The Equality Act 2017 (the “Act”), which received Royal Assent on 18 July 2017, deals with discrimination comprehensively and in respect of both employment and the provision of goods and services on the grounds of:

  • age;
  • disability;
  • gender reassignment;
  • marriage and civil partnership;
  • pregnancy and maternity;
  • race;
  • religion or belief;
  • sex; and
  • sexual orientation.

known as the “protected characteristics”.

The Act replaces previous legislation in the areas of sex discrimination and race relations and provides new, more extensive, rights on grounds not formerly benefiting from specific protection. The Act is based on the UK Equality Act 2010, although there are some differences in procedure and remedies.

Whilst a majority of the provisions under the Act came into effect from 1 January 2019, the right not to be discriminated against on the basis of disability and age – as well as the extension of equal pay rights to cover work of equal value – did not come into operation until 1 January 2020. The Act is now in full force and effect.

The Act aims to provide equality of opportunity and makes it unlawful to discriminate, harass or victimise a person in employment or as a user of private and public services. It also creates positive obligations on employers to make reasonable adjustments for disabled employees where their disability places them at a disadvantage in the workplace.

Since the Act came into operation, there have been very few judgments issued by the Employment and Equality Tribunal (the “Tribunal”) dealing with discrimination against an employee on the basis of a protected characteristic. This does not necessarily mean that discrimination is rare in the Isle of Man, but rather reflects that not many discrimination cases have progressed to a substantive hearing in the Tribunal. Partly, this could be because the legislation is still relatively new and/or because parties are reluctant to be “test” cases with the resulting publicity this would be expected to attract.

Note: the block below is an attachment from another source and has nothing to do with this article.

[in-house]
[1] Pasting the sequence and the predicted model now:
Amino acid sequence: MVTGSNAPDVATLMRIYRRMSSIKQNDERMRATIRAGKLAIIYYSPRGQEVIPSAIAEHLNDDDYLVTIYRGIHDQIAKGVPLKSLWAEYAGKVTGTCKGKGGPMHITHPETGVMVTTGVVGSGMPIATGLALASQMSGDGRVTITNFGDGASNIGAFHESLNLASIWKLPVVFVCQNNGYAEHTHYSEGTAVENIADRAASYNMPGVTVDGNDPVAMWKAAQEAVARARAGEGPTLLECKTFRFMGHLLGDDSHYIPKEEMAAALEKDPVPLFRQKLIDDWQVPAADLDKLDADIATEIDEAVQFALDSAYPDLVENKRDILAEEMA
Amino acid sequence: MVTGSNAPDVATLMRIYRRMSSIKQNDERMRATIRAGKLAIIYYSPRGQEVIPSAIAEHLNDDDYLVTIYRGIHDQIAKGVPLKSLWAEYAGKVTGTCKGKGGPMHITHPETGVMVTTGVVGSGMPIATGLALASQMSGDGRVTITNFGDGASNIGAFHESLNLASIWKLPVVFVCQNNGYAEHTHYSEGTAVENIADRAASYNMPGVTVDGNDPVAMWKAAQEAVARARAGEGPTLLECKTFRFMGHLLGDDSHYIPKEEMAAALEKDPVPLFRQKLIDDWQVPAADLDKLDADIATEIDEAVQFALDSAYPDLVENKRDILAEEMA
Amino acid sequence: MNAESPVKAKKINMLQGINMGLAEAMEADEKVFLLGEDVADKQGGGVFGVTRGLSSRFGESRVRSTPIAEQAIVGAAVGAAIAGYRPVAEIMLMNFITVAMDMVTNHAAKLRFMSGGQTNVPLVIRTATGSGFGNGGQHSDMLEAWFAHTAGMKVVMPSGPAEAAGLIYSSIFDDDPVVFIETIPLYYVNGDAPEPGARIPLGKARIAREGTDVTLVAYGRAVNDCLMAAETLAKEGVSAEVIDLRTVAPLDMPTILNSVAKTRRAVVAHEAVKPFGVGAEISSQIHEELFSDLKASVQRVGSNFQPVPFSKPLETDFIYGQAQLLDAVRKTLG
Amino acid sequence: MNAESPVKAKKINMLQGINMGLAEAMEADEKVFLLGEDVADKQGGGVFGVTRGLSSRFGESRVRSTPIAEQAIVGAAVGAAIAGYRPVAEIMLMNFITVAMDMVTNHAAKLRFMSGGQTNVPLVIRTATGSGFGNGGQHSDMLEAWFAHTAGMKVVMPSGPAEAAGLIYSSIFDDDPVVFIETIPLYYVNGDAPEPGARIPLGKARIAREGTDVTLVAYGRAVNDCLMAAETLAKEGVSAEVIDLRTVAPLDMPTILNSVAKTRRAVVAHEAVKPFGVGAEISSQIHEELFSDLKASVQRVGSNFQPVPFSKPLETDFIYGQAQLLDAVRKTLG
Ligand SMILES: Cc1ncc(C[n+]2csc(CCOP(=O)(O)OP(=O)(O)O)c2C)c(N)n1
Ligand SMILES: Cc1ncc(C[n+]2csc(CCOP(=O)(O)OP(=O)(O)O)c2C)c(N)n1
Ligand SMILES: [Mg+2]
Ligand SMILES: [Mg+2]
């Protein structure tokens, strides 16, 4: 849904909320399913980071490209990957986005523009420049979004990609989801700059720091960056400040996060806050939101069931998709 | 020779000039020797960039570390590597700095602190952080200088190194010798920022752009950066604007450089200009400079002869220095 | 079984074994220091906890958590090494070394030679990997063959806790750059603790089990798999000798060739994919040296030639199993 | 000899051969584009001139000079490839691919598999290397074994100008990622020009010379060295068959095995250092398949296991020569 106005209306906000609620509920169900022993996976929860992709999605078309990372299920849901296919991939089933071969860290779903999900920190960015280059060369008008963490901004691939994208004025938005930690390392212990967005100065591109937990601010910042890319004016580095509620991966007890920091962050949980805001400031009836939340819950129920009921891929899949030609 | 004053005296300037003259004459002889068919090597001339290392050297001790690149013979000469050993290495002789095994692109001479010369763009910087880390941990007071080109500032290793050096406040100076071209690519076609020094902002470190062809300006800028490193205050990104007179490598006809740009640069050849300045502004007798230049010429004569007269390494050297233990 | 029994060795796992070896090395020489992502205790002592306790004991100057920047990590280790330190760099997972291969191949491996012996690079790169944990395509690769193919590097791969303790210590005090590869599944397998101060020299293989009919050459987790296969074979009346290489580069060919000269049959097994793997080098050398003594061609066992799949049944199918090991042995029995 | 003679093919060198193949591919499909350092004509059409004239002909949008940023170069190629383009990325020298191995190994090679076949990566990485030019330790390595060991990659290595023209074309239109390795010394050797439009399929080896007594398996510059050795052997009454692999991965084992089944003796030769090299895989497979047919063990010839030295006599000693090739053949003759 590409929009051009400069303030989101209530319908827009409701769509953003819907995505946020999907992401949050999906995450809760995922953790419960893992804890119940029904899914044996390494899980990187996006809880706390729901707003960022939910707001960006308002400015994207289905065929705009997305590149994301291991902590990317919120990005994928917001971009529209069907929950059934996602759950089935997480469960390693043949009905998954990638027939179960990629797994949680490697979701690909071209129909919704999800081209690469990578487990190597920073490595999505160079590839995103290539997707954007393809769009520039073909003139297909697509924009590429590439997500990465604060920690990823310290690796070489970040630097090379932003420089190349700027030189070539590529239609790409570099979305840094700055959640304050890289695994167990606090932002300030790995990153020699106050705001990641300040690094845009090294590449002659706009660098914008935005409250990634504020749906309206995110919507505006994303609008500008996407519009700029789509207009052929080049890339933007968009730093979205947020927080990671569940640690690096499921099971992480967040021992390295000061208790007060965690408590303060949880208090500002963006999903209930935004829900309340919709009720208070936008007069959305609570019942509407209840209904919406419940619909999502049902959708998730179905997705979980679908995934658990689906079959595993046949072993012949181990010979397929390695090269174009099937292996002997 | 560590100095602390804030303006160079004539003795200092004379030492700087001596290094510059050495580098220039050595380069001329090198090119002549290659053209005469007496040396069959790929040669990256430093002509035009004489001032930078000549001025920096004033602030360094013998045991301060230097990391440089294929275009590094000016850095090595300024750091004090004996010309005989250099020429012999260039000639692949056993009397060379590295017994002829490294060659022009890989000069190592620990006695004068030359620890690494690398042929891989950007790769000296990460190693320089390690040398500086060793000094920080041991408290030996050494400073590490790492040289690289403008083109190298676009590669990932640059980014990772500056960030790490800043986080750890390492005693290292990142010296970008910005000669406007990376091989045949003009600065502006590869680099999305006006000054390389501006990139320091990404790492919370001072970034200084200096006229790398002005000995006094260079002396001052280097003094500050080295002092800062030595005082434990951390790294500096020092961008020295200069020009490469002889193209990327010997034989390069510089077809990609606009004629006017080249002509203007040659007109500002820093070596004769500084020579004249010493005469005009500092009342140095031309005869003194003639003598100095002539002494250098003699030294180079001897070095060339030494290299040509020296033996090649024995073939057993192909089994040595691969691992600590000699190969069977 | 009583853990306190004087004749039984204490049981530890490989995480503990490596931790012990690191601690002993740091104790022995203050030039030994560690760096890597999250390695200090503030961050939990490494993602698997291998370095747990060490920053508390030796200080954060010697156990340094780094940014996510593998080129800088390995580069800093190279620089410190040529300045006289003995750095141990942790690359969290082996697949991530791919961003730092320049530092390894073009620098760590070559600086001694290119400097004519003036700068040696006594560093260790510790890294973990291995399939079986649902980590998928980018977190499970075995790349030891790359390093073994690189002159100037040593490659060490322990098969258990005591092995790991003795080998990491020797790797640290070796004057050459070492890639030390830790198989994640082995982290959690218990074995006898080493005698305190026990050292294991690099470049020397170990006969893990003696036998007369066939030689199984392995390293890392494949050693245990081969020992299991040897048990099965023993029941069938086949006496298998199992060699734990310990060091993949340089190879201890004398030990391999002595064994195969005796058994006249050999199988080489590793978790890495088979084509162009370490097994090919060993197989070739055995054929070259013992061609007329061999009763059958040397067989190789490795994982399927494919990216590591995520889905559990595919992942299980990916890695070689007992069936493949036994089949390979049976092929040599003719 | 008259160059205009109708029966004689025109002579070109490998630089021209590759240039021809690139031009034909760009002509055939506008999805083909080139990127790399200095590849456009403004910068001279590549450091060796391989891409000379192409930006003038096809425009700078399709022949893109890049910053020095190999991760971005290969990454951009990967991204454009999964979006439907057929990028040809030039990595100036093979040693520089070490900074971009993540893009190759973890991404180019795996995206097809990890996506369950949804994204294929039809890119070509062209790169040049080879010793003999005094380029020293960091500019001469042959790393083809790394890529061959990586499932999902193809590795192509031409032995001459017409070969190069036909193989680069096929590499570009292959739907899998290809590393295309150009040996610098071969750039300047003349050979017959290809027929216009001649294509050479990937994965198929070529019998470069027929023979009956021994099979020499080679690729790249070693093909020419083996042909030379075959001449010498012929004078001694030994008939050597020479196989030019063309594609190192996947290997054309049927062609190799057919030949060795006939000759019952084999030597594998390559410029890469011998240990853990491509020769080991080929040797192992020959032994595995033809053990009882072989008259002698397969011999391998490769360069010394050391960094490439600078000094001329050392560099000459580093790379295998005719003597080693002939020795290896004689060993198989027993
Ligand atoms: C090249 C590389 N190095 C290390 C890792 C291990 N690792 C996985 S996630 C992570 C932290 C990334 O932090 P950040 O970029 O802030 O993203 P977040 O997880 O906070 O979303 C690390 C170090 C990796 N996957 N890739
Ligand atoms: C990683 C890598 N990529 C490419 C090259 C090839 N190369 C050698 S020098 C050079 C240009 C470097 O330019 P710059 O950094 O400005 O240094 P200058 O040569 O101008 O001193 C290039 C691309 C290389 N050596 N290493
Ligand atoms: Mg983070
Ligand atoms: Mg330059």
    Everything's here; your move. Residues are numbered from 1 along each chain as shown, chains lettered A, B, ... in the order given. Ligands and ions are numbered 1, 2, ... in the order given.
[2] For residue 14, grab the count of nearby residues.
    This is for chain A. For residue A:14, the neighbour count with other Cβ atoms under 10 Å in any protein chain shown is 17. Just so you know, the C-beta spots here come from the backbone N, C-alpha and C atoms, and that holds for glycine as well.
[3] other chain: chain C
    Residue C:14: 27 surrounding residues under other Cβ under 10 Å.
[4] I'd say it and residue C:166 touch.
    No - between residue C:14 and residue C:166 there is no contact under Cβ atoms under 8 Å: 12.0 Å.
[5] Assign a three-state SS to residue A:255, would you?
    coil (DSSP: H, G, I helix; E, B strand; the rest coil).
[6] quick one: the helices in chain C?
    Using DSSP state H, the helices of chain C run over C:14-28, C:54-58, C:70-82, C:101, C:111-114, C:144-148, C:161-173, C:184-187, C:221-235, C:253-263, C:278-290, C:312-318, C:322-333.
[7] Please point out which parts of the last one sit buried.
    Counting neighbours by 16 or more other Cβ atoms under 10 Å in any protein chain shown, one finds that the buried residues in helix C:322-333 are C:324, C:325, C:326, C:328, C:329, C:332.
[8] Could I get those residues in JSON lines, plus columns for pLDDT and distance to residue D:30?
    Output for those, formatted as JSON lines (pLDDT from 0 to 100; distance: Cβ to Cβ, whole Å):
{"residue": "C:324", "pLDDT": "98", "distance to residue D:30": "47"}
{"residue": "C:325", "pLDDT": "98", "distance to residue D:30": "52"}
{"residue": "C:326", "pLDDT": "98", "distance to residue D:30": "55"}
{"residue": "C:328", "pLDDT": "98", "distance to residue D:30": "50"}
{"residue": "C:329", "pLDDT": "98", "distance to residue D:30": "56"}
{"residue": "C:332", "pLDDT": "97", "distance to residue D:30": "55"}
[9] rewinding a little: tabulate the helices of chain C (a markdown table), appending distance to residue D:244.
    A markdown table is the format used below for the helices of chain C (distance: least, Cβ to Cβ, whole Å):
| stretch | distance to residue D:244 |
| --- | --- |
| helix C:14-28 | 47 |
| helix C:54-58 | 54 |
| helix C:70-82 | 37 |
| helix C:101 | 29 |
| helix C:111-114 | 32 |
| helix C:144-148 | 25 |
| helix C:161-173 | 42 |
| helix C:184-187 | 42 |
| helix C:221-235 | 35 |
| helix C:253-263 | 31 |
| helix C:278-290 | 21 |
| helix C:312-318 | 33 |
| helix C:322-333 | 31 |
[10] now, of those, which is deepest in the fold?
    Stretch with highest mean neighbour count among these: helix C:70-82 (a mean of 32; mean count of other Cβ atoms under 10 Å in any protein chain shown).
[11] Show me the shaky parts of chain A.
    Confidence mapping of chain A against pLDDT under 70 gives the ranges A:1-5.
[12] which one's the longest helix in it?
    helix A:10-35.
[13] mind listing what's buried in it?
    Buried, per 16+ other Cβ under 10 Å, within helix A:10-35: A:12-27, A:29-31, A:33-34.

Even though there is not a substantial “body” of Isle of Man case law applying the Act in practice, given the equivalence of our legislation with the UK we can look both to the UK and other jurisdictions with comparable laws for developments in this area. For instance, even though the Channel Islands have not adopted identical legislation, where the approach or principles do align, the case law from their tribunals and courts can be relevant.

Cains has prepared a series of bite-sized articles looking at the protected characteristics and the prohibited “discriminatory acts” by way of a high-level overview. These include (where applicable) reference to recent decisions of UK tribunals and courts plus those of other relevant jurisdictions for insights into how the law has been interpreted and applied. The next article in our series will consider the forms discrimination can take and extent of the legal protections within the Act.

If you have any queries, please do not hesitate to get in touch with our Employment Team.


How can we help?

Cains is able to provide clear, considered and tailored legal advice and administrative support necessary for ensuring that all of your needs are managed and executed in an efficient and timely manner.

The guidance in this note is for information purposes only and is not intended to be exhaustive. It is not intended to constitute legal or other professional advice, and should not be relied on or treated as a substitute for specific advice relevant to particular circumstances. Cains only advises on the laws of the Isle of Man and accepts no responsibility for any errors, omissions or misleading statements or for any loss which may arise from reliance on the information in this note.